The majority of my anger, however, is aimed at what I call a culture of fear. Thanks to the breast cancer awareness movement we are aware; very aware. If you are a woman, you have breasts and you’ve thought about breast cancer. (Admit it). But the media only presents sound bites, and as a result a woman hears the word “cancer” and immediately thinks “mastectomy.” In fact, there is a concern among the medical community that women are having unnecessary mastectomies. According to the Mayo Clinic ductal carcinoma in situ (DCIS) “is considered a precancerous lesion,” which means it is a risk factor. It is not yet breast cancer but could become breast cancer if it goes untreated. (Similar to colon polyps; if they are not removed they will turn into colon cancer). However, women who are diagnosed with DCIS are having mastectomies.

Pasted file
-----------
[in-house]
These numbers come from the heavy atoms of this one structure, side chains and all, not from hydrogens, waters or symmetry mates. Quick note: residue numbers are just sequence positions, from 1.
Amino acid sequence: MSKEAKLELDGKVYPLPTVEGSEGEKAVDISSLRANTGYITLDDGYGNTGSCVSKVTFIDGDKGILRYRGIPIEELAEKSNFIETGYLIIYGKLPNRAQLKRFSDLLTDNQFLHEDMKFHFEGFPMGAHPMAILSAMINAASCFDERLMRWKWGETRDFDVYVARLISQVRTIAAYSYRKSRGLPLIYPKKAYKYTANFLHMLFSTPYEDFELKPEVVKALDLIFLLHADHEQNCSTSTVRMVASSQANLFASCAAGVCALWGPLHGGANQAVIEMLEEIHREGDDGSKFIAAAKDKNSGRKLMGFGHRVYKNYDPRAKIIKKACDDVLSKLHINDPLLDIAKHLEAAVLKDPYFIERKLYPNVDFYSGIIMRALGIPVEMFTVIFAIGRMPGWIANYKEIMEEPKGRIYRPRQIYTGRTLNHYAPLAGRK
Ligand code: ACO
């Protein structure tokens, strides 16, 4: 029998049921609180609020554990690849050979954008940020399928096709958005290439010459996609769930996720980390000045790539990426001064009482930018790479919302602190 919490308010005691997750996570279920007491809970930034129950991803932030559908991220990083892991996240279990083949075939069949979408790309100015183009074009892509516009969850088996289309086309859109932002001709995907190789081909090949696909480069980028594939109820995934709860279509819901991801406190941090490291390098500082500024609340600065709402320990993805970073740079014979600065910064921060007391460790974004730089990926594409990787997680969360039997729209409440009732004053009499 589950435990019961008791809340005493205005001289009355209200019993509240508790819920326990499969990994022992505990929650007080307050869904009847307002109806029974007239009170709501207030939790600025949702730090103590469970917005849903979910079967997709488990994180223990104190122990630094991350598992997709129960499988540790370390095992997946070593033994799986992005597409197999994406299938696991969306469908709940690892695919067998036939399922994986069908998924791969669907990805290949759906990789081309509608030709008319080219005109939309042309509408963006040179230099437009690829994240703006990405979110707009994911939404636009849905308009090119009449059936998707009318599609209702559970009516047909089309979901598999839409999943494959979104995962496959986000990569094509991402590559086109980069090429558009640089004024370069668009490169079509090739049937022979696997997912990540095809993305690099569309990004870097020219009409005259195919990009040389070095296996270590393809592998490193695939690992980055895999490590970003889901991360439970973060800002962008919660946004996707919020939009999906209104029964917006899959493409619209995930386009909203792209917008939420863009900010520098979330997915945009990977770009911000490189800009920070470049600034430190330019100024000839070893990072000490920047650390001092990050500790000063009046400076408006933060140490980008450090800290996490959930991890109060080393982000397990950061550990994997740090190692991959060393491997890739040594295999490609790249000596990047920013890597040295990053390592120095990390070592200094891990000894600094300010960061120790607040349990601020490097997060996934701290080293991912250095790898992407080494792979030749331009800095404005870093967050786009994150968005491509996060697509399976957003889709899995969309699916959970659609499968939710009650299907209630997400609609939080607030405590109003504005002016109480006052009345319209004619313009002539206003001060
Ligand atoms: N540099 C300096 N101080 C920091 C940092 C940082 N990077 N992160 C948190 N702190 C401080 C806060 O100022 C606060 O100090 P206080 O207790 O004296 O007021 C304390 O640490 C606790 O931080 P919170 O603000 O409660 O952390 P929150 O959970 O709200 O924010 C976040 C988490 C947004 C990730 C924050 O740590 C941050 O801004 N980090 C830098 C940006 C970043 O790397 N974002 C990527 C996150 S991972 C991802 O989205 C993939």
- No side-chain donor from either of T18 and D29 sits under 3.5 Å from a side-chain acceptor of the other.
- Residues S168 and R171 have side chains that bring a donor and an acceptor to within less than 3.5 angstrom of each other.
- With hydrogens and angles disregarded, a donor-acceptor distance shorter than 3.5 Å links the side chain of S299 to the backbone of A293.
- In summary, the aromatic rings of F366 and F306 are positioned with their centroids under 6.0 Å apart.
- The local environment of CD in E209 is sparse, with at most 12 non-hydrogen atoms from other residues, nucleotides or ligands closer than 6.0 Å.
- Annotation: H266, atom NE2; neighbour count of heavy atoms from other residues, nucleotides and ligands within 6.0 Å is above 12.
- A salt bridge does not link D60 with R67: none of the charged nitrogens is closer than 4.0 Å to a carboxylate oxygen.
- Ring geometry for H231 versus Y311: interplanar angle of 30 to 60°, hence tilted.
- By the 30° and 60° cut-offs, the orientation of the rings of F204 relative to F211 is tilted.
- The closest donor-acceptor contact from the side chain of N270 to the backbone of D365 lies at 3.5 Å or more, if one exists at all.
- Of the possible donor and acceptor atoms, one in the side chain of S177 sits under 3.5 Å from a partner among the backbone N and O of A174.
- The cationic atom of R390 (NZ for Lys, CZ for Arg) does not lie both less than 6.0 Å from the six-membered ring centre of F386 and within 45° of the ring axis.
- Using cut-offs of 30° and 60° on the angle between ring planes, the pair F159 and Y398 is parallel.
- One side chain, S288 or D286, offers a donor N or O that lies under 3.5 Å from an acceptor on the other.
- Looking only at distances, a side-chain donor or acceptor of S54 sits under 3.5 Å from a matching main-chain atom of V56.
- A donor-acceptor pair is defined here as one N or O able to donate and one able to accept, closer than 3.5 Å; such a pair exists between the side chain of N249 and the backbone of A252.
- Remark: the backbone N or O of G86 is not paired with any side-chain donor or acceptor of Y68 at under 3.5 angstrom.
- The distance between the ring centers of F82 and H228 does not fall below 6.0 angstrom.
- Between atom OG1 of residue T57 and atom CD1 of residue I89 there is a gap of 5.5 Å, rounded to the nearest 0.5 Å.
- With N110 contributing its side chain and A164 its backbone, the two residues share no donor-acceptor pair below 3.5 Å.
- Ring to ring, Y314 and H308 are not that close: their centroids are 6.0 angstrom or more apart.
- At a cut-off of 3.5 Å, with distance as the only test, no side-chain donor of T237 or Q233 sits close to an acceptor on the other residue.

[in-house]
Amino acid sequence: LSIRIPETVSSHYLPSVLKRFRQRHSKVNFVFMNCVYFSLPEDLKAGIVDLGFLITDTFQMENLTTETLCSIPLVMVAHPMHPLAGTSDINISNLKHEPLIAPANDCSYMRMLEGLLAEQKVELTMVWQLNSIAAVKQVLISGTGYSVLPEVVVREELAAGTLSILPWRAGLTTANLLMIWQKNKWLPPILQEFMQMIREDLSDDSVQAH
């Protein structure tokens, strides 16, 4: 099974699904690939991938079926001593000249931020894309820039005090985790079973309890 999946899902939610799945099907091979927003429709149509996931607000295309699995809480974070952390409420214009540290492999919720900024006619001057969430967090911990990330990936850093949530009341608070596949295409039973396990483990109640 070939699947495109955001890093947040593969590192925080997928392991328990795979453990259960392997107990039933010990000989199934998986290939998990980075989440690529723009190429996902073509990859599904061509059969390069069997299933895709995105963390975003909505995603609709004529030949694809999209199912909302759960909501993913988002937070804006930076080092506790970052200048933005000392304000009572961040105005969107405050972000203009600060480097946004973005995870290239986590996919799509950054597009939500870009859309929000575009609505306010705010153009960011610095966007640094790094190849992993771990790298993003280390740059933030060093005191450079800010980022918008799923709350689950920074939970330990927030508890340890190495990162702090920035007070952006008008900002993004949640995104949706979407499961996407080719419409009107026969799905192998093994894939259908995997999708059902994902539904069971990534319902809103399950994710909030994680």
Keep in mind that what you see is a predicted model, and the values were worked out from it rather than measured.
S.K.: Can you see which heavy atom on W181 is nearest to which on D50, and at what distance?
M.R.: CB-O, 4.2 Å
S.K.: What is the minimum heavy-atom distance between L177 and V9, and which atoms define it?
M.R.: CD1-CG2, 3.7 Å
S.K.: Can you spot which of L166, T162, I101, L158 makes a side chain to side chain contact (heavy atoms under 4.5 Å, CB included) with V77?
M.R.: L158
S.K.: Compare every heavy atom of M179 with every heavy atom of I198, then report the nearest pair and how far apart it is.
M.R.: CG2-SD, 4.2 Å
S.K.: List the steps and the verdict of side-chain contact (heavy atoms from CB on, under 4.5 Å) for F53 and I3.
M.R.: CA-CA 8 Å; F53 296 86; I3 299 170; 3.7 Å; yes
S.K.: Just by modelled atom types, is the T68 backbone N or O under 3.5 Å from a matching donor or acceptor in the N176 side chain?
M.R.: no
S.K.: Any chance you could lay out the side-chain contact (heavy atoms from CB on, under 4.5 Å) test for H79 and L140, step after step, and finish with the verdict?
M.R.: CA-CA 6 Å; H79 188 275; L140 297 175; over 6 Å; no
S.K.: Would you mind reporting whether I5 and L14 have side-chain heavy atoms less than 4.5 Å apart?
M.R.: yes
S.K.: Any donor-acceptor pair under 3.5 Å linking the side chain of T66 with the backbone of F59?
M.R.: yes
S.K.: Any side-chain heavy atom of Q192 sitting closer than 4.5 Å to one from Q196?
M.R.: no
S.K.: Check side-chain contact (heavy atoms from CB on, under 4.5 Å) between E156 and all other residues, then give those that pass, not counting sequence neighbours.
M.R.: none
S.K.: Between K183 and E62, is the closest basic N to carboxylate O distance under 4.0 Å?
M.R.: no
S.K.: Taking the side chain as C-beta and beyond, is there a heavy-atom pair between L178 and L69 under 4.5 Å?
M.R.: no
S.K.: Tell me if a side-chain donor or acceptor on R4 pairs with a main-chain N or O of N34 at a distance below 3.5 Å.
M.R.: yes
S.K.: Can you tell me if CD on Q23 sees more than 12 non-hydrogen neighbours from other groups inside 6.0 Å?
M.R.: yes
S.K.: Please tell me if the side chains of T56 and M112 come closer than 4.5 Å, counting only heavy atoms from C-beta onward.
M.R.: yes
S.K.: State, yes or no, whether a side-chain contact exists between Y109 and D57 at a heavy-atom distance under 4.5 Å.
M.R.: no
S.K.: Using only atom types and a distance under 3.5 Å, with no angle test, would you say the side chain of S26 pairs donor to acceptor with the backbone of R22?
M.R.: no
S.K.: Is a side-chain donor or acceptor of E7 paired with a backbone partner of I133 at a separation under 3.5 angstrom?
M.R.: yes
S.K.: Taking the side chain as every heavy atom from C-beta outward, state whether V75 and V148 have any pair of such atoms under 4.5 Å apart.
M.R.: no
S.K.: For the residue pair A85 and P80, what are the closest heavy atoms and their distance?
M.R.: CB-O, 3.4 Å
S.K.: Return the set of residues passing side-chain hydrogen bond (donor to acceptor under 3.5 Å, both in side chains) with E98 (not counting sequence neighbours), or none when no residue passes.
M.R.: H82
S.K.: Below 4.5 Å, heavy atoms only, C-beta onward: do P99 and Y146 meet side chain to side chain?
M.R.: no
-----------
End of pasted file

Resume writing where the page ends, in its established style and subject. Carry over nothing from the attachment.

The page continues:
Additionally, recent studies indicate that lumpectomies and partial
mastectomies might actually be healthier for an early stage breast cancer
diagnosis. So why are doctors continuing to let women have a mastectomy when it
is not warranted? The answer: to help the patient feel better. How about better
“awareness” and information? How about accurate reporting by the media?
As for preventative mastectomies, I don’t know. My reaction is quite negative. After all, would you cut off your finger if you got a hang nail because it might get infected? I feel as if the message is the same. You are a woman. You have breasts. Therefore you might get breast cancer. So, you should have a double mastectomy to ward of the possibility of something that is statistically unlikely.